Though the Township had no written policy concerning arrests of
disabled suspects, an explicit policy prohibited excessive force. The
policy, "Use of Force (8-28-96)," limits "the use of force to those
situations of absolute necessity. All officers will only use the amount
of force reasonable and necessary on any particular occasion."
Defendant's Summary Judgment Motion, Exhibit I.
While it is conceivable that such training and policies could be widely
ignored, Plaintiffs have offered no evidence that Township officials did
so. Plaintiffs' only allegations concern the single incident with Mr.
Pahle. Plaintiffs failed to show a pattern of excessive force violations
or inadequate training sufficient to establish municipal liability. We
will grant summary judgment as to all claims against the Township.
G. Federal and State Claims Against Chief Mauger in his Individual
As with municipal liability, supervisory liability under § 1983
cannot be based solely upon the doctrine of respondeat superior —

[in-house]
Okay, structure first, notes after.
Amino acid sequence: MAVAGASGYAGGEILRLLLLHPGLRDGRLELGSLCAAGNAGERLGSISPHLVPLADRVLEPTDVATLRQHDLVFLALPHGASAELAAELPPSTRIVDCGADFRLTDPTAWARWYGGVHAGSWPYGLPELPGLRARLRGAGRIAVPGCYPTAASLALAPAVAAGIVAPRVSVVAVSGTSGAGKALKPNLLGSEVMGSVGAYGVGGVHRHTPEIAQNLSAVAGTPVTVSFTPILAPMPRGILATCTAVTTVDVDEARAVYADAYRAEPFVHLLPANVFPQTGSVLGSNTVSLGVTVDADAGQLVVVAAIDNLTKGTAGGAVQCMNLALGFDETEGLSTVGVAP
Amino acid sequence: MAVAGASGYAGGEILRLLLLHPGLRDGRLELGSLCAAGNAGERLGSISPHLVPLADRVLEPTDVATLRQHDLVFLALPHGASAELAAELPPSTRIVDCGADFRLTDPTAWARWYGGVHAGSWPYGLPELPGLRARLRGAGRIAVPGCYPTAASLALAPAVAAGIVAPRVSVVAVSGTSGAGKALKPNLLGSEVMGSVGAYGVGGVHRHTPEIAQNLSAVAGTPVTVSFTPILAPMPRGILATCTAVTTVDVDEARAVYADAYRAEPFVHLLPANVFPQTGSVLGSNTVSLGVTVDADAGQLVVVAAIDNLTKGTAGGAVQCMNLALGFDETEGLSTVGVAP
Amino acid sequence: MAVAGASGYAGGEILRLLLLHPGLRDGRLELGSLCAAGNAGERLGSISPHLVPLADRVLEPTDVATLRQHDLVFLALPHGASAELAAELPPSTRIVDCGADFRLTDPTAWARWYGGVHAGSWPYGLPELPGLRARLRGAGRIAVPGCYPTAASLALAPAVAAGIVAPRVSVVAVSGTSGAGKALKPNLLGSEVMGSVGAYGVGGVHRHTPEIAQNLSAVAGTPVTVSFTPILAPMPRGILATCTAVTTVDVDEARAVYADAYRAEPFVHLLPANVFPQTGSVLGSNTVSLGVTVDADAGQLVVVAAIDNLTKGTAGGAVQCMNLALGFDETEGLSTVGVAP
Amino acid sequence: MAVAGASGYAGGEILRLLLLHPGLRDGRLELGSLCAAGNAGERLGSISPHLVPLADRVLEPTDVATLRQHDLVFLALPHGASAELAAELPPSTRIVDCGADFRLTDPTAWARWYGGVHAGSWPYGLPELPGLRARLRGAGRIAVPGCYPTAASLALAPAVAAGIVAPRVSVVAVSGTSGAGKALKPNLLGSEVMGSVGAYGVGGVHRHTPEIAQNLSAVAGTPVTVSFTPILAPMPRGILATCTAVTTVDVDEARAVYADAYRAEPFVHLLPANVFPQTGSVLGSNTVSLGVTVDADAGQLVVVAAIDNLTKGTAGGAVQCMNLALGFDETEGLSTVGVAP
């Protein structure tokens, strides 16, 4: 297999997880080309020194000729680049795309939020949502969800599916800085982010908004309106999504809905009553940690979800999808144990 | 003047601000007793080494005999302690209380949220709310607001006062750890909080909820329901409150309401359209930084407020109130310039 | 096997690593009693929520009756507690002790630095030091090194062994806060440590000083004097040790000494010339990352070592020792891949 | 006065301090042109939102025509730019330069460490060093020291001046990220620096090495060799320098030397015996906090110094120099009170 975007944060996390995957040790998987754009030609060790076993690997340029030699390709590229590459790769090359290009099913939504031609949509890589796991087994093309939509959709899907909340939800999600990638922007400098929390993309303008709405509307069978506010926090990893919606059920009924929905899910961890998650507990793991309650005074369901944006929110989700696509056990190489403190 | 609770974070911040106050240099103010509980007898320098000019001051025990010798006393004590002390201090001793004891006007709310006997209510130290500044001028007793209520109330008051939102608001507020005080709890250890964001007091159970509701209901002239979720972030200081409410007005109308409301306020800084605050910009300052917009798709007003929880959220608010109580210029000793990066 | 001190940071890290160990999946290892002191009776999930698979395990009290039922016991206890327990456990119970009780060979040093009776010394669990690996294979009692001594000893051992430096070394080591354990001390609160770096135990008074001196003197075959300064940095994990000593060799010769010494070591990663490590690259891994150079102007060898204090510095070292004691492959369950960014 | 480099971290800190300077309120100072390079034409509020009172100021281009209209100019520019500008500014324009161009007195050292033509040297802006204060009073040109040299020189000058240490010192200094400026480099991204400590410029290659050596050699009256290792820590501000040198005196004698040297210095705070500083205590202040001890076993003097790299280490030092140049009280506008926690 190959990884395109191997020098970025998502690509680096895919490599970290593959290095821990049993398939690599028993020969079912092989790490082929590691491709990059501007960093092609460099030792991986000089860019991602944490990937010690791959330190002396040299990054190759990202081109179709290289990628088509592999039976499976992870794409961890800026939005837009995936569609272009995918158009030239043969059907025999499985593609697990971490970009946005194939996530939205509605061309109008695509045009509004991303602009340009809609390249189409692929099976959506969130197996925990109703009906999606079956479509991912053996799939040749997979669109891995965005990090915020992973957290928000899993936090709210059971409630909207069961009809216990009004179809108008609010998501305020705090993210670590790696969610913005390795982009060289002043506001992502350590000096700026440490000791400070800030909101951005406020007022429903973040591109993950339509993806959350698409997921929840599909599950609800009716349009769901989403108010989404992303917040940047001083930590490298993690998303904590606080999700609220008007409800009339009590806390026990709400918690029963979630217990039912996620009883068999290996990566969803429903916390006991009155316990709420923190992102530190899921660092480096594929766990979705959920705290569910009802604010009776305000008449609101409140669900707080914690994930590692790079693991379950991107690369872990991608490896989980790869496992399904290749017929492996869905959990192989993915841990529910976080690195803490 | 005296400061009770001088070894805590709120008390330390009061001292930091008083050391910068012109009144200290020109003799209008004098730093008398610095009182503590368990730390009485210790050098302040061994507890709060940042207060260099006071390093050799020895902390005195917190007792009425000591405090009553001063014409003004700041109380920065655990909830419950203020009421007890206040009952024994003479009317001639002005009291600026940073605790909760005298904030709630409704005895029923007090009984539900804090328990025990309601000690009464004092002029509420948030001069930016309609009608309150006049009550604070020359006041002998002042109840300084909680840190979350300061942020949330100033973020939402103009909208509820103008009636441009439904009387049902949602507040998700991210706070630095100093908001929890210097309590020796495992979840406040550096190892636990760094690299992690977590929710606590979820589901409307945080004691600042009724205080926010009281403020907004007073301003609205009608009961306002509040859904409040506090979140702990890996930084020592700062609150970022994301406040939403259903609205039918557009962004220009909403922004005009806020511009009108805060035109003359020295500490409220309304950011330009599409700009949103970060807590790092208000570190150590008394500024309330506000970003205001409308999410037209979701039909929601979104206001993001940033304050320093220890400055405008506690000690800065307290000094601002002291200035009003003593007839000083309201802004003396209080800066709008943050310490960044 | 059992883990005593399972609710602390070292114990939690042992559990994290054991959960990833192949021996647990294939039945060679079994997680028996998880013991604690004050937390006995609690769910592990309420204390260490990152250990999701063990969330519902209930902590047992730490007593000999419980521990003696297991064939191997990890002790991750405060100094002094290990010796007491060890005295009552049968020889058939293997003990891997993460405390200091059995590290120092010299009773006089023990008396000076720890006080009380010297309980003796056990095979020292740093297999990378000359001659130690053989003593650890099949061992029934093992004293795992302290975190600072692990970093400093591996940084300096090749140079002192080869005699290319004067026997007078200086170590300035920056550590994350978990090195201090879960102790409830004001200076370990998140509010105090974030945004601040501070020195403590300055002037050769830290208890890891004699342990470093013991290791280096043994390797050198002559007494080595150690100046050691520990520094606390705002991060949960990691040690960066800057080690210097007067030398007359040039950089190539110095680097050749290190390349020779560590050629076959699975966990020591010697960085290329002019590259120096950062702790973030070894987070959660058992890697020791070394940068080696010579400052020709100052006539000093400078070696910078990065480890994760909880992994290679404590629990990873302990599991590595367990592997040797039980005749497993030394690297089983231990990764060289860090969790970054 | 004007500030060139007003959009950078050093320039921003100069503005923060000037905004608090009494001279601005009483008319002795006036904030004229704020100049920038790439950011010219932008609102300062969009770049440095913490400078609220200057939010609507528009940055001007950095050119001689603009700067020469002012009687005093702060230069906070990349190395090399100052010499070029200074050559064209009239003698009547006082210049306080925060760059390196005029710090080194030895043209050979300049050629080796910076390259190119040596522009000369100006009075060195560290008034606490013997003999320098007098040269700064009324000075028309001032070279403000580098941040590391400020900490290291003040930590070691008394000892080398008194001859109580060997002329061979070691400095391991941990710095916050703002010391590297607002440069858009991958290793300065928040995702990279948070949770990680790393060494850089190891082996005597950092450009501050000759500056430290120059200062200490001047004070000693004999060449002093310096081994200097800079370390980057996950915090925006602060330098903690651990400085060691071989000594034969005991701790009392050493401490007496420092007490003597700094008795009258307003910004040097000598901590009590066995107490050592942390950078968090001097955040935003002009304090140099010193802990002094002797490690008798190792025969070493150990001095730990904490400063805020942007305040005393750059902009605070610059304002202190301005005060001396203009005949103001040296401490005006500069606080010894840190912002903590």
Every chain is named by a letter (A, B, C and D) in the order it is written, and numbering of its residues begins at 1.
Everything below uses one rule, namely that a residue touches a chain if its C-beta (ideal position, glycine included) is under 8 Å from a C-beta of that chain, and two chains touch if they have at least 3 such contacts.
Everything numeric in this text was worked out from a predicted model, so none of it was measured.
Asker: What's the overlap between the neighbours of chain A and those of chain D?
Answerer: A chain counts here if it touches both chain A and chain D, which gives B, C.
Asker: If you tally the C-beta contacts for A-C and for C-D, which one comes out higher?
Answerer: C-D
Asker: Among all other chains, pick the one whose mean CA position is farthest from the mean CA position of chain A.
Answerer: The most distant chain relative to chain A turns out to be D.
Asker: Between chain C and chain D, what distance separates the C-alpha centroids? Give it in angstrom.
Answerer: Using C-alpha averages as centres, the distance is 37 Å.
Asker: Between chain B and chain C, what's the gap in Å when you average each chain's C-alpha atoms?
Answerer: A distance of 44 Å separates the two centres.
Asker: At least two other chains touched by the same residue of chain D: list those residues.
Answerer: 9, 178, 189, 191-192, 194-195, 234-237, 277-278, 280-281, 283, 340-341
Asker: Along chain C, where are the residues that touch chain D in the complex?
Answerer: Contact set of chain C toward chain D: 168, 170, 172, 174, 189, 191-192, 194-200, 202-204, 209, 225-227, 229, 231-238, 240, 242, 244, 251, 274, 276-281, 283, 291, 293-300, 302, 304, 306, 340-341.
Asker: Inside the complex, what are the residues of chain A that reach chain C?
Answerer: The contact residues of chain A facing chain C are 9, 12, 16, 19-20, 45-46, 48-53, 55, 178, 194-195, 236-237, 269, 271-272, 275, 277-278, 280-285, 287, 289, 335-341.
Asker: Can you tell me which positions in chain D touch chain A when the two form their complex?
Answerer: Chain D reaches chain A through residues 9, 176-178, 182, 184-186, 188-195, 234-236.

Plaintiffs must affirmatively show conduct by the Township's Police Chief
Mauger that played a role in the constitutional violations. Andrews v.
City of Philadelphia, 895 F.2d 1469, 1478 (3d Cir. 1990), citing Rizzo
v. Goode, 423 U.S. 362, 377, 96 S.Ct. 598, 46 L.Ed.2d 561 (1976). The
Third Circuit explains, "Personal involvement can be shown through
allegations of personal direction or of actual knowledge and
Allegations of participation or actual knowledge and acquiescence . . .
must be made with appropriate particularity." Rode v. Dellarciprete,
845 F.2d 1195, 1207 (3d Cir. 1988). Plaintiffs must show at the very
least that Chief Mauger acted with deliberate indifference to the alleged
constitutional violations. City of Canton v. Harris, 489 U.S. 378, 388,
109 S.Ct. 1197, 103 L.Ed.2d 412 (1989).
Here, Plaintiffs have neither alleged nor offered evidence that Chief
Mauger personally directed Officer Fryer to apprehend Mr. Pahle or to use
force. Nor have Plaintiffs provided evidence suggesting that Chief Mauger
knew of the alleged wrongdoing and acquiesced. The Plaintiffs do not show
that Chief Mauger acted with deliberate indifference. On the contrary,
Chief Mauger testified without rebuttal that he did not learn of the
incident involving Mr. Pahle until after Plaintiffs filed suit.
Furthermore, upon learning of the incident, he immediately investigated
the matter with Officer Fryer, though he eventually concluded ...